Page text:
GBF1 Is Dispensable for DNA Virus and Retrovirus Infection
Our results indicate that many RNA viruses rely on GBF1 for productive infection. To investigate the role of GBF1 in DNA virus infection, we used HAdV-5. We knocked-down GBF1 in 293T cells by transient expression of Cas9 with three different GBF1 specific gRNAs or a non-targeting control gRNA, and measured HAdV-5 infection in Cas9 transfected (GFP-positive) cells by flow cytometry. No difference in HAdV-5 infectivity was observed whether GBF1 was present or not (Fig. 5A).
To confirm that GBF1 was dispensable for DNA virus infection, we also investigated the impact of GCA. Specifically, we tested if GCA affects HAdV-5 replication and production of new adenovirus particles by infecting A549 cells in presence of GCA and subsequent analysis of release of infectious progeny viruses by fluorescent-focus assay. At 2.5 μm GCA, which we determined not to affect cell viability, progeny HAdV-5 particles production increased to 135% of solvent controls (Fig. 5B). This indicates that GBF1 is dispensable for HAdV-5 infection.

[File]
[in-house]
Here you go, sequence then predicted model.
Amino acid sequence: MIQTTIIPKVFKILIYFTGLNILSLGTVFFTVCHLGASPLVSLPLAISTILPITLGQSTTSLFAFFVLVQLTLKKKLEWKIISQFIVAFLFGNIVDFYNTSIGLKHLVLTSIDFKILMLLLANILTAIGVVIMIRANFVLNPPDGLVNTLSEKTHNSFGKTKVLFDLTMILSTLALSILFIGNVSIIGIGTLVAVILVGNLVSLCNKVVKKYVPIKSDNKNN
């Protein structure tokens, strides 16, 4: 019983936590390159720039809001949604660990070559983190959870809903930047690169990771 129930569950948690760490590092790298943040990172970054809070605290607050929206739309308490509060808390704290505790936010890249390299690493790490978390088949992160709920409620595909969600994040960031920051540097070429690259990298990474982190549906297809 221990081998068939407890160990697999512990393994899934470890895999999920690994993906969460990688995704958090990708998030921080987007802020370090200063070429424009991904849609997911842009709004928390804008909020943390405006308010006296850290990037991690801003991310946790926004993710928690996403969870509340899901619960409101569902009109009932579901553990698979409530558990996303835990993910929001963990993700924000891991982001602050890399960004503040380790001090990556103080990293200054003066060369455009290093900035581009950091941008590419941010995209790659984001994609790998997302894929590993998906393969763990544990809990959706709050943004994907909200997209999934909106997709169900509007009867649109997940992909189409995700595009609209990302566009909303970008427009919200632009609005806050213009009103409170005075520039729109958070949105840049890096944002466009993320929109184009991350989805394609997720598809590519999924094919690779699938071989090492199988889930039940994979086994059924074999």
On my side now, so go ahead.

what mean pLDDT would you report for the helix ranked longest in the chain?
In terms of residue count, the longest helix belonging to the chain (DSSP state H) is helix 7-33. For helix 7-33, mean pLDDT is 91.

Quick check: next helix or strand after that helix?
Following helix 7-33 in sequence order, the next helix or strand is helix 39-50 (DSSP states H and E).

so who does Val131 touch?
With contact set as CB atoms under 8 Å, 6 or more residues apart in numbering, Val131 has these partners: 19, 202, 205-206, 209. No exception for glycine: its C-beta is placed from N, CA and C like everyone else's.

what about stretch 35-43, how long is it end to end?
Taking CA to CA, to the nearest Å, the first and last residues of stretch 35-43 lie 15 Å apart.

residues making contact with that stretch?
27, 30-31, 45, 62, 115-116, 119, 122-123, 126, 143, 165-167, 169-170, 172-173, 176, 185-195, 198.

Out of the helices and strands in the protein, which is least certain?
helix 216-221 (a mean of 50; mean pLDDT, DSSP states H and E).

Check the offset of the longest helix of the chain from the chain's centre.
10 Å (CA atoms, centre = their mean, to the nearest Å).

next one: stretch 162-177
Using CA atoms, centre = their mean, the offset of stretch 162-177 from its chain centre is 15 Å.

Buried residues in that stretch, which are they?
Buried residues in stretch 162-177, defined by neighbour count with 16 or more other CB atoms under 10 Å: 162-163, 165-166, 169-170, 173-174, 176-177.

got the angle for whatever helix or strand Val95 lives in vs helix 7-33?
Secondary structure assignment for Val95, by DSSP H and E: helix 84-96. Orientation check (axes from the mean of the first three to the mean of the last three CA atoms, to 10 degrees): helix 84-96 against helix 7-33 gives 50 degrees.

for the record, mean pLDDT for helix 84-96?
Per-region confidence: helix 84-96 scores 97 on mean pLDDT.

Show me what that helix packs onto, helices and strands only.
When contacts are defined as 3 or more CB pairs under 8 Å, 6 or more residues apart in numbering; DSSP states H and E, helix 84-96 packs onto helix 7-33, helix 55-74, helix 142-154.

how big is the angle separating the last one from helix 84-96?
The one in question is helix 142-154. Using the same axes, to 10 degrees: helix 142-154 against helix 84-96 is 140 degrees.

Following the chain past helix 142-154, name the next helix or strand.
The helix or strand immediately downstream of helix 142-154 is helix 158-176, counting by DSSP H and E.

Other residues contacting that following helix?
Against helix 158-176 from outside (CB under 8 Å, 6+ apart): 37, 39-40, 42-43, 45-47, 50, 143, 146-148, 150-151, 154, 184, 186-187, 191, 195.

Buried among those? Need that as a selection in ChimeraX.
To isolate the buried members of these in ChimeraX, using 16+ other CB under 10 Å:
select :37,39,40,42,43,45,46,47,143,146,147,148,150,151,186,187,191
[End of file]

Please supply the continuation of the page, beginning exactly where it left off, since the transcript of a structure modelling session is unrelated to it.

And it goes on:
To unravel if GBF1 was required by all enveloped viruses independently of their replication site, we investigated if the lentivirus human immunodeficiency virus 1 (HIV-1) required GBF1 for infection. HIV-1, as all enveloped viruses, relies on the ER and Golgi for its envelope glycoprotein biosynthesis and maturation. In contrast to the above tested enveloped viruses, HIV-1 does not replicate in the cytoplasm. Interestingly, the efficiency of HIV-1 early entry steps was not affected by GCA in TZM-bl cells, observed by similar infectivity levels regardless of the presence of the drug (supplemental Fig. S2). Like the observation at the level of HIV-1 entry, we could not observe any alterations in the efficiency of secretion of HIV-1 infectivity from TZM-bl cells treated with GCA (Fig. 5C). Thus, in contrast to many RNA viruses GBF1 seems dispensable for DNA virus and lentivirus infection.
GBF1 Is Critical for UUKV Replication and Infectious Particle Release
GBF1 is an important RNA replication factor for several plus strand RNA viruses including HCV, CoV, YFV, Coxsackievirus B and Sindbis virus (
). We therefore sought to determine which UUKV life cycle step was impaired by GBF1 silencing. Using AF488-labeled UUKV particles (UUKV-AF488) and flow cytometry analysis, we found that virus binding to the A549 cell surface was unaffected by GBF1 silencing (Fig. 6A). To assess virus uptake into A549 cells, a flow cytometry-based assay was used to distinguish virus particles at the plasma membrane from those which were internalized (